Position people for maximum impact

By Jim LaDoux
Church transformation occurs faster when all stakeholders make tangible contributions every month to its mission. People to contribute best when they know the big picture, the plan for moving forward, and how they can personally contribute in the next 30-90 days. Most people are "sprinters" rather than "marathoners." They prefer short-term commitments that can be completed in less than 3-5 hours in a given month. Listed below are three pathways for engaging members in ministry. Path 1 and 2 is primarily for "marathoners." Paths 3 and 4 are ideal for "sprinters."

PATH 1 | COMMITTEES (use to dream, decide, delegate, budget, set policies)
  • Committees focus on purpose, priorities (values and goals), and policies.
  • Committees spend time dreaming, deciding, delegating, communicating, and collaboration.
  • Committees align the church's assets, actions, and conversations with its purpose and priorities. Committees may meet monthly, every other month, or on a quarterly basis.
  • Committee members collaborate via Zoom, conference calls, email, and Google Docs. 
  • Committees delegate work to ministry teams, task forces, and project coordinators.
  • Committees pay attention to ministry outcomes and results. 
  • They have others manage day-to-day activities. 
  • Committee have setting short and long-term goals.

PATH  2 | TEAMS (use to carry out year-round or long-term projects/events)
  • Teams are "doing" groups that typically include 3-7 people, and may include paid staff.
  • Teams meet only "as needed," typically gathering no more than 4-6 times a year.
  • Teams coordinate plans between meetings via text, emails, Slack, Google Docs, etc.
  • Teams have clear goals and outcomes for the projects they oversee.

PATH 3 | TASK FORCES (use to coordinate short-term projects/events)
  • Task forces are doing groups that meet briefly to accomplish a specific task.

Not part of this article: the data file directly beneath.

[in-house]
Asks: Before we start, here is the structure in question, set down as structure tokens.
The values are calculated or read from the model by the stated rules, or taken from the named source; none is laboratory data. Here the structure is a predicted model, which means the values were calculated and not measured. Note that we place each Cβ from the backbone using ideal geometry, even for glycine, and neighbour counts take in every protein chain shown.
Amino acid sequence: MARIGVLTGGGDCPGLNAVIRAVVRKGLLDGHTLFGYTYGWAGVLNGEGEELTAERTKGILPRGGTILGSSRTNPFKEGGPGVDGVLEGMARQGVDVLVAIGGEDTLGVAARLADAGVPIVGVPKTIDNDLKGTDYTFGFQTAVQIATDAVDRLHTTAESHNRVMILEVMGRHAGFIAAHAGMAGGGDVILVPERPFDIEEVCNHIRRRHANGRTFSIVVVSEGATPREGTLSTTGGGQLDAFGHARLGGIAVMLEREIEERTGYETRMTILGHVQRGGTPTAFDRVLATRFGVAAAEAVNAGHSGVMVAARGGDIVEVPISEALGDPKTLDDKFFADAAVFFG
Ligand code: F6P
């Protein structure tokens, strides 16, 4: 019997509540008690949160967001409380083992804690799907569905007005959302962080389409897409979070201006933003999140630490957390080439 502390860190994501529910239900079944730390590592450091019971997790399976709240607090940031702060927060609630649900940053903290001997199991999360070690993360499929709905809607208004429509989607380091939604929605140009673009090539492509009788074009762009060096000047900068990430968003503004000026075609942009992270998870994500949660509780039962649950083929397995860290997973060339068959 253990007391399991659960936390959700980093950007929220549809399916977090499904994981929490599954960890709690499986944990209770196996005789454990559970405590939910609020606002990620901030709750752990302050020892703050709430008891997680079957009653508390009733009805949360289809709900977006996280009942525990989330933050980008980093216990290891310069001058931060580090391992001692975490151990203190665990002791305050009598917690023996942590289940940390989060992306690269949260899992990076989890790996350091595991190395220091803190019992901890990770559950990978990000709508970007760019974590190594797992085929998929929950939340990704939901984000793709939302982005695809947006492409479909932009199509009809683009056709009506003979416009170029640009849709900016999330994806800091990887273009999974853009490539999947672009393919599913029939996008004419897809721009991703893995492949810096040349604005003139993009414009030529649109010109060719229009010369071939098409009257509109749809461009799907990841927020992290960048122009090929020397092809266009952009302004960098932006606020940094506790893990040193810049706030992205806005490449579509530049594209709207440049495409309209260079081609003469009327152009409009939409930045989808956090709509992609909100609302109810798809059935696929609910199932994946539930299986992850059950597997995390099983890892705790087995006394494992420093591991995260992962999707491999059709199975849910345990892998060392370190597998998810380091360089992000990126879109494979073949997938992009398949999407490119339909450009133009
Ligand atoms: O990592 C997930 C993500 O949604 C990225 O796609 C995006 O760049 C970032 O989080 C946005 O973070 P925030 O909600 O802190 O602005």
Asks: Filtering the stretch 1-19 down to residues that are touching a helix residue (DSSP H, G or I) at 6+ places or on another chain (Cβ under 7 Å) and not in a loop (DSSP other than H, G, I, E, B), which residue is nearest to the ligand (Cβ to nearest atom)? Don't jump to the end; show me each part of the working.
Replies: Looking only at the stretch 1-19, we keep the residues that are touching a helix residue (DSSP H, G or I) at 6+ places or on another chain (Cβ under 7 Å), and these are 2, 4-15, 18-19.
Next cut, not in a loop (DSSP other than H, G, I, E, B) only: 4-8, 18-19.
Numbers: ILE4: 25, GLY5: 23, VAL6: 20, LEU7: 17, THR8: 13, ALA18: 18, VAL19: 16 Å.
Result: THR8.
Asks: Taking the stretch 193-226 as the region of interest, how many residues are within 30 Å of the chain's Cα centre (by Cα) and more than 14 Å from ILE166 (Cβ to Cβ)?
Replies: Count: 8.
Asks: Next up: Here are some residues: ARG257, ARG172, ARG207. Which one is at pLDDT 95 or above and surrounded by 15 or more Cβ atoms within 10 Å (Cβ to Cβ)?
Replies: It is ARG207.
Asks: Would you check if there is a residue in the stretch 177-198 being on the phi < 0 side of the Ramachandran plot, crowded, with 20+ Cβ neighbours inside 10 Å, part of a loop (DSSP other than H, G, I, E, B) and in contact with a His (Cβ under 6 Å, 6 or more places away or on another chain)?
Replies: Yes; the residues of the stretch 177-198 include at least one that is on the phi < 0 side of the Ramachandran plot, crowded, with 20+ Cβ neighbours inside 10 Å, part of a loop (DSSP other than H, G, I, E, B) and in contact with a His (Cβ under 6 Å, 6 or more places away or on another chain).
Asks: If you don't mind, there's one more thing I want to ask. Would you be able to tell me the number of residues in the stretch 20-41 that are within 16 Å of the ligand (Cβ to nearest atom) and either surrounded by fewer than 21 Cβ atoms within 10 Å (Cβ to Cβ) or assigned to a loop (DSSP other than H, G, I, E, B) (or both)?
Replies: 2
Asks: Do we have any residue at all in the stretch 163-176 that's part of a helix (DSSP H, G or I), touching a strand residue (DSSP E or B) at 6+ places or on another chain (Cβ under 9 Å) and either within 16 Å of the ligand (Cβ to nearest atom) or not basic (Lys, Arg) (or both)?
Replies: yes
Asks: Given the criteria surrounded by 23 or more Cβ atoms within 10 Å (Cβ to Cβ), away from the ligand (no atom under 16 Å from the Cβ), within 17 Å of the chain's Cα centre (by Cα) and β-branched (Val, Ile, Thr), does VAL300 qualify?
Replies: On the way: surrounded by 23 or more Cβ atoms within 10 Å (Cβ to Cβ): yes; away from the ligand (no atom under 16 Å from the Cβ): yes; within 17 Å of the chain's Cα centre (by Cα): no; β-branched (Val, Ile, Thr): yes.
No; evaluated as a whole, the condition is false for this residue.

• Task forces are often commissioned during worship when their term of service begins.
  • Task forces may be used to coordinate Vacation Bible School, leading a mission trip, coordinate a stewardship drive, conduct a congregational survey, redesign a website, create a communications plan, or conduct a year-end financial audit.

PATH 4 | PROJECT COORDINATORS (use to carry out small, specific tasks)
  • Project coordinators do NOT typically attend meetings.
  • Project coordinators oversee projects such as maintaining the church database, creating promotional brochures, updating web pages, coordinating an event, serving as a mentor, sending birthday cards, making home visits to designated households, reviewing curricula, overseeing the congregations social media pages or posts, posting polls or caring conversation questions on the church's Facebook page, orienting newly-elected leaders about faith formation principles and practices, serving as a liaison to ministry teams, coaching lay leaders, tracking goals, sharing faith stories, taking pictures at events, etc.
  • Project coordinator may team up with other coordinators to fulfill larger projects.
  • Include project coordinators on your leadership roster.
  • Assign someone to support and resource them

3 suggestions for leaders who assess and restructure work flow
  1. Write brief ministry descriptions for every "active" ministry project.
  2. Recategorize work and work groups based on the types of individuals/teams that are most suited for each task.
  3. Review and restructure committees; then align/assign all other work to a specific committee; update roster.


  1. Are we being good stewards of the people we invite into ministry?
  2. How will we discern what types of teams we need to manage ministry?
  3. Do we know our servants well enough to honor their gifts and serving style?
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